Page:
It stands to reason then that lethargic governments would at the very least try their utmost to prevent the mass proliferation of this technological beast for as long as possible while they consolidate their stranglehold on the masses, prey on the ill-informed, mould the malleable and ingratiate themselves to the vulnerable.
Knowledge is power, so when you’re denied access to the most powerful information repository in the history of mankind, it makes you a weak and easy target. You don’t have the means to properly interrogate the facts or expose yourself to alternate, dissident views…you’re just what the politicians love…voting fodder. Well, that’s my theory anyway.
On the issue of telecoms pricing, there are four areas of profiteering in the telecommunications sector which I would like to speak out on lest my silence on these matters make me complicit in their continuation.
1. SMS for Mobile Content aka “SMS RIPOFF to $%#&@ and get RIPPED OFF”
There’s not much in this world that riles me more than seeing adverts on TV for SMS content…like “SMS FAIL to &%*#$” and get a picture sent to your phone or even more disturbingly, SMS LOVE…or SMS TONE. The cost of these text messages are in the region of R5 each; some are R10, some are even R30 and worse still, most are subscription based. With most new phones sporting high resolution screens; gigs of storage space; sound systems like ghetto blasters from the 80’s/early 90’s and 3G/HSDPA connectivity capabilities, it’s no surprise that service providers are lining up to put these feature to full use. What makes the mobile content industry so particularly reprehensible is that it preys on the poor and the poorly informed.
For starters, your phone needs to be WAP enabled in order to download mobile content. Now, if your phone is WAP enabled and you’re still paying for mobile content, then you need to have your head checked. Simply bookmark google.com on your phone’s browser, visit Uncle Google, type “Free Mobile Content” and BOOYAKASHA!! All the free mobile content your salivating phone can eat. Alternately, you could visit a personal favourite of mine (www.waptrick.com) and access vast repositories of free mobile content from games to pictures to tunes. DISCLAIMER – I have no responsibility whatsoever…particularly if some of the content you access is copyrighted or adult in nature.
Not happy with that? Or your phone’s browser is not giving you the sublime experience you’d like, simply head over to and install Opera Mini on your phone. Opera Mini is a phone browser that actively customises websites on the fly in order that they can fit on your phone’s screen, effectively allowing you to visit just about any website on the Internet. This way, if you’re feeling particularly amorous and romantic, save yourself the R5/love poem you’re currently expected to pay and head over to Google…type “SMS love poems” and VOILA ROMEO…all the love poems your phone can ingest…FREE!!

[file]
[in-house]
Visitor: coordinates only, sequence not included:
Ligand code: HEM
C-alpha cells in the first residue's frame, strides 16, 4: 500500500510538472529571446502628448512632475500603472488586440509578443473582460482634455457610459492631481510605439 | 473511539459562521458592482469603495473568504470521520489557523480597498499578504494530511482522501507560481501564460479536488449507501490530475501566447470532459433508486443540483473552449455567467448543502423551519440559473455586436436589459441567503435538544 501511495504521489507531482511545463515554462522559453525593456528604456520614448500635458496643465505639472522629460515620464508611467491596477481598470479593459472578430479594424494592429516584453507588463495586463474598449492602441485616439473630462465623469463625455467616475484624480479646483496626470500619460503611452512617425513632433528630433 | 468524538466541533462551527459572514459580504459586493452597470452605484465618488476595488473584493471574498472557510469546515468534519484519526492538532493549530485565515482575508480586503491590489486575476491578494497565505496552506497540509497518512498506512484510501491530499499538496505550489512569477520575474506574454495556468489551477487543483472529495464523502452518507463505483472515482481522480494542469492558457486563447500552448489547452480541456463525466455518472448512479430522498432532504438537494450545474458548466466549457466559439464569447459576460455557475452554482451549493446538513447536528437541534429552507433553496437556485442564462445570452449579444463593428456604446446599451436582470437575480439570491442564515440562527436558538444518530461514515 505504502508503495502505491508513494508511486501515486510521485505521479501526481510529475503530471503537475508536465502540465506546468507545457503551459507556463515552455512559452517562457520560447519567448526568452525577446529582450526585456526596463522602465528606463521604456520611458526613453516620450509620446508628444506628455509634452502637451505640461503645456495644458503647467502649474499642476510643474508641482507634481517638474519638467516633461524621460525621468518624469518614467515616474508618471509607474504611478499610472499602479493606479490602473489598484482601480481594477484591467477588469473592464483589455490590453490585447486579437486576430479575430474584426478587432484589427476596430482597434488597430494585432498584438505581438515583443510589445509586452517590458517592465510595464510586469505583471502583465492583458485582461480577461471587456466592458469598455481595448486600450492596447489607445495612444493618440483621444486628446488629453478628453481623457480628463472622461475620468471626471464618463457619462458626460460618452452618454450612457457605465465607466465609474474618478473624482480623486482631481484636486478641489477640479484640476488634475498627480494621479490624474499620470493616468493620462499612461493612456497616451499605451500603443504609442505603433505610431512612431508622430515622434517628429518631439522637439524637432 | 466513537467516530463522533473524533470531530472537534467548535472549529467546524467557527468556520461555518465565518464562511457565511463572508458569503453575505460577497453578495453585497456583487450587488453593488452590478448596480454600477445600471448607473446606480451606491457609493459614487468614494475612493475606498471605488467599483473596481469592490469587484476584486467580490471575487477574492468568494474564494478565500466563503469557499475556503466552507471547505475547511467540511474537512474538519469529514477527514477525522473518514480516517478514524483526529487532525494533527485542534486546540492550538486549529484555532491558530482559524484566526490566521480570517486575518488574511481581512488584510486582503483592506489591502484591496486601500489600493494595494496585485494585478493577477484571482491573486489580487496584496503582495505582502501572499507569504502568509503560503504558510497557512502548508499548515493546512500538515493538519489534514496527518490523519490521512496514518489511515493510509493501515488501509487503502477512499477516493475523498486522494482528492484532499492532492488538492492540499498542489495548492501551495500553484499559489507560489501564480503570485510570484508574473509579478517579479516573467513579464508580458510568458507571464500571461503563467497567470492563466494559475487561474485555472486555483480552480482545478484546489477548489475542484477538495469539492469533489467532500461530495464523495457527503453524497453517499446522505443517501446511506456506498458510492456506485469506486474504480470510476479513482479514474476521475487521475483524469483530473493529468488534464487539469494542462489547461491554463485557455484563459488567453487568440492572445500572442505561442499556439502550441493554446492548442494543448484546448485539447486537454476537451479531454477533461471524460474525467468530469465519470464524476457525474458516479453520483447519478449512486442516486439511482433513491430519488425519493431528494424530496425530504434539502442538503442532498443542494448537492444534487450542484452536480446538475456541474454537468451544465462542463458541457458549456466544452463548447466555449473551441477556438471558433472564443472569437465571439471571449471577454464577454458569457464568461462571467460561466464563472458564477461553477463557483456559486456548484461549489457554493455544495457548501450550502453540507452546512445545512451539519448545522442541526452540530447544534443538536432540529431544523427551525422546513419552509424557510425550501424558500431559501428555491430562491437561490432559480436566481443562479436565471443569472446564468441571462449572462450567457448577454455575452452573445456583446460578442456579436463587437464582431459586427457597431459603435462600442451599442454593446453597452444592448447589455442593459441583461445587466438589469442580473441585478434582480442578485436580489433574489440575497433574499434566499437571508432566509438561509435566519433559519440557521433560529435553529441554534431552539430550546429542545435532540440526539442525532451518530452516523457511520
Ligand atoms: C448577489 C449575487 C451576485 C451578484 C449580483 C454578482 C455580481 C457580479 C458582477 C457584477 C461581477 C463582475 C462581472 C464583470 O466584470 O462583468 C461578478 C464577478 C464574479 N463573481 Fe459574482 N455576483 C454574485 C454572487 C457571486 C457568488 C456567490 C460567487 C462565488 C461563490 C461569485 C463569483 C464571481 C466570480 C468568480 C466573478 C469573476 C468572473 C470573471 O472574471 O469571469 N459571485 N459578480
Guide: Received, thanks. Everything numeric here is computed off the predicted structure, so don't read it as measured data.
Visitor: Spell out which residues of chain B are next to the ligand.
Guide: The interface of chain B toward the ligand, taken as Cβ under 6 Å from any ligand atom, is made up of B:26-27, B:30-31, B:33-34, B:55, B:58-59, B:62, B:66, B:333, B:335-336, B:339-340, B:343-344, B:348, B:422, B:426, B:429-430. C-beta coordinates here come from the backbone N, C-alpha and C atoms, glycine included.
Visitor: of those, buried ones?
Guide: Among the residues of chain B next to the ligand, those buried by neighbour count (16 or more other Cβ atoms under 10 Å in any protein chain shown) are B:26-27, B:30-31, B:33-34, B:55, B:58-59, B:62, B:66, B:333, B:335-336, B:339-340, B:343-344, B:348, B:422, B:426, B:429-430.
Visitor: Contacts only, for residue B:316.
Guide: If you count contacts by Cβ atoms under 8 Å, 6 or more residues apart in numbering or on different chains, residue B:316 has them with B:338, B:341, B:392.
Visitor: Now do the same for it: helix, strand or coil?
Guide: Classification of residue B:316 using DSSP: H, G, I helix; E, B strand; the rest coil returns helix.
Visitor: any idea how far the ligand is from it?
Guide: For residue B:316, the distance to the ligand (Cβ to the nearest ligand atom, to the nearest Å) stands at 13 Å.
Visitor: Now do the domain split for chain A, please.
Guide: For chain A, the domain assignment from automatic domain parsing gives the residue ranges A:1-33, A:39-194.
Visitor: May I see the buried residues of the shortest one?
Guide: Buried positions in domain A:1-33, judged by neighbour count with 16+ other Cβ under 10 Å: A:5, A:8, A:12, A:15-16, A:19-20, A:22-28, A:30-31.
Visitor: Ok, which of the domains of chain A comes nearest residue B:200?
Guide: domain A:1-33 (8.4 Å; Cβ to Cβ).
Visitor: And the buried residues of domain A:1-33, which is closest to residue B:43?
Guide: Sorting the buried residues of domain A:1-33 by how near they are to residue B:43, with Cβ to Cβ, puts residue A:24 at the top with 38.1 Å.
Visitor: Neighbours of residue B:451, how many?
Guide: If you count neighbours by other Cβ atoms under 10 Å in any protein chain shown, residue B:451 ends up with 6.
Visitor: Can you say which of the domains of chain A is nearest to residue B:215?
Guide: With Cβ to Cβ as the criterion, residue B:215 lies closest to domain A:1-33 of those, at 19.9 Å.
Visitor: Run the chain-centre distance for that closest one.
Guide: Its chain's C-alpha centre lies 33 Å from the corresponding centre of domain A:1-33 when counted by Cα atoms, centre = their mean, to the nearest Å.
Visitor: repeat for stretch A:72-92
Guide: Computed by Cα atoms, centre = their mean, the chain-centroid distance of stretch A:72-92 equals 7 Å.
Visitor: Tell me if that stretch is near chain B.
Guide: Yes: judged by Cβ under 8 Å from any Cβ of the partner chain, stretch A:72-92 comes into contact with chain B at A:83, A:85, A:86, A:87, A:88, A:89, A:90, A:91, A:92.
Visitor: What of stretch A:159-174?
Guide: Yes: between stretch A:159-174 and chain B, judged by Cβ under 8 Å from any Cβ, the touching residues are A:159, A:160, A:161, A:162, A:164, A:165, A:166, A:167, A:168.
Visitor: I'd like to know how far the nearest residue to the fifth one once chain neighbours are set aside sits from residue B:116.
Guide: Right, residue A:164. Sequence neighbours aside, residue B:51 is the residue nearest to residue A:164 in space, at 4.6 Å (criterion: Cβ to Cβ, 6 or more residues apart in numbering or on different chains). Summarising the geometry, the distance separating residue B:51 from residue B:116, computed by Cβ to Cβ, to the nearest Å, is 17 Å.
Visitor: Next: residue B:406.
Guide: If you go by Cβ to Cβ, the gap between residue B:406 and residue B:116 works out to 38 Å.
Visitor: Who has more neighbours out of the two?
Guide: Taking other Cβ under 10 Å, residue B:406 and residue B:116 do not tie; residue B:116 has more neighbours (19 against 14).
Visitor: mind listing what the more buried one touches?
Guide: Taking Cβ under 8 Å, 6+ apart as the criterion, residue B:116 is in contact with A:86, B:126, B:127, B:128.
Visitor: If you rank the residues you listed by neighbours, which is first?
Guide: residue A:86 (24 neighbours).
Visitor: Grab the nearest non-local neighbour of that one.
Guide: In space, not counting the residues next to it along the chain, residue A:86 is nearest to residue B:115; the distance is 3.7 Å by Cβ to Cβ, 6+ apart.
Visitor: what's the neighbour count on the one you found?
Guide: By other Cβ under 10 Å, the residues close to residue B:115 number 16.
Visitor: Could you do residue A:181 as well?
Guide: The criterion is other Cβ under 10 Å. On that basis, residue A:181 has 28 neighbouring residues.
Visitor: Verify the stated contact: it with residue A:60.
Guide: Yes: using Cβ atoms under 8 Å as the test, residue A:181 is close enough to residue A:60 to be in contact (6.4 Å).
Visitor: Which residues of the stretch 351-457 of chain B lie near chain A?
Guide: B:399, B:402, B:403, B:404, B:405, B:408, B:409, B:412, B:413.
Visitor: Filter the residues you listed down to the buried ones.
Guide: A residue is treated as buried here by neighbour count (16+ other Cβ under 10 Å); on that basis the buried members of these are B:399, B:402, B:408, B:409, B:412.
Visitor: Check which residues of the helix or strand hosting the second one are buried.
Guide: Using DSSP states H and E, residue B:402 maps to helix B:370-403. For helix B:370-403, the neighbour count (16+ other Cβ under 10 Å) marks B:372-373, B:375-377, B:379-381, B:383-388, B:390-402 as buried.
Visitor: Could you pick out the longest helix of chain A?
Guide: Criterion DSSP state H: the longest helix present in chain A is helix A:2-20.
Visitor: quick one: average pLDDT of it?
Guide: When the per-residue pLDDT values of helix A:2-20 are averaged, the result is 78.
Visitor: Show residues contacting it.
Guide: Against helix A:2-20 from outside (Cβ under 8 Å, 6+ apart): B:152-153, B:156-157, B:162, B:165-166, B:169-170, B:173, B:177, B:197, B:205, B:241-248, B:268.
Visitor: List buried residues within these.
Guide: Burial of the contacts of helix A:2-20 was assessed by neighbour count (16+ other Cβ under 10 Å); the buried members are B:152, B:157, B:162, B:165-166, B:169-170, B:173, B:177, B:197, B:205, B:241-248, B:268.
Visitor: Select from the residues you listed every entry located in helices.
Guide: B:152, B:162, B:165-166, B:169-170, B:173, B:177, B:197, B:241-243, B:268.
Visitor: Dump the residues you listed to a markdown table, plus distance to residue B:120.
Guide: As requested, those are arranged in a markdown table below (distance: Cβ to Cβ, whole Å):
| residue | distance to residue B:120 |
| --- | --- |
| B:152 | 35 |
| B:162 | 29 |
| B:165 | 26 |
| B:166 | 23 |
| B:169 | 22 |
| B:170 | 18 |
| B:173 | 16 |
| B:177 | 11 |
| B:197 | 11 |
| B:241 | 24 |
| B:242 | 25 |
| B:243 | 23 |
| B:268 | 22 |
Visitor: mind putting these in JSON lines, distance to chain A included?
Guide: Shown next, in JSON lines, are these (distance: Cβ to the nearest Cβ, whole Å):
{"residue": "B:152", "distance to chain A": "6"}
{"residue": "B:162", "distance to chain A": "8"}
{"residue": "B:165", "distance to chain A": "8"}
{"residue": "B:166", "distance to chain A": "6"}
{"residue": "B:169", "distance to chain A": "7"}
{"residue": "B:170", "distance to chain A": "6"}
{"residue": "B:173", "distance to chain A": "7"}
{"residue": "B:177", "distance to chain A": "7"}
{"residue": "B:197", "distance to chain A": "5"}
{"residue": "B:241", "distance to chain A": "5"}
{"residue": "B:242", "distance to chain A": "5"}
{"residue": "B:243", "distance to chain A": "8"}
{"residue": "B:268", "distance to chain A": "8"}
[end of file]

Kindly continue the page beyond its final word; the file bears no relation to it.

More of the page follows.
This segment would not be complete without a simple calculation to illustrate what most average Joes’ and Joelenes’ might not be aware of. Considering that all network operators except Virgin (ie. Vodacom, Cell C, MTN) all charge a staggering R2/MB of data, when you SMS I-AM-A-FOOL to &%$*# and instantly shed R10 for the displeasure of gaining access to that ostensibly hilarious 4MB video clip you’re after, keep in mind that @ R2/MB, the download will cost you a further R2 x 4MB = R8. The total cost of this exercise in subliminal corporate fleecing is R10 + R8 = R18…guess they hid that in the nanoscopic fine-print right? Mobile content probably only makes sense if everybody has a Blackberry as you get unlimited data access with these bad boys.
To add insult to injury, the network providers are now all in on the great social ripoff currently underway. By accessing content services from the network provider’s lacklustre mobile portals, like mtnloaded.co.za; Juiced or Vodafonelive, the data charges (the R2/MB) are waived (something to do with walled-garden services yadda-yadda). Now, if I was a mobile content service provider, I’d be suing the pants off of the networks for such brazen anti-competitive practises…but that’s another story… Anti-competitiveness IS the name of the game in South Africa.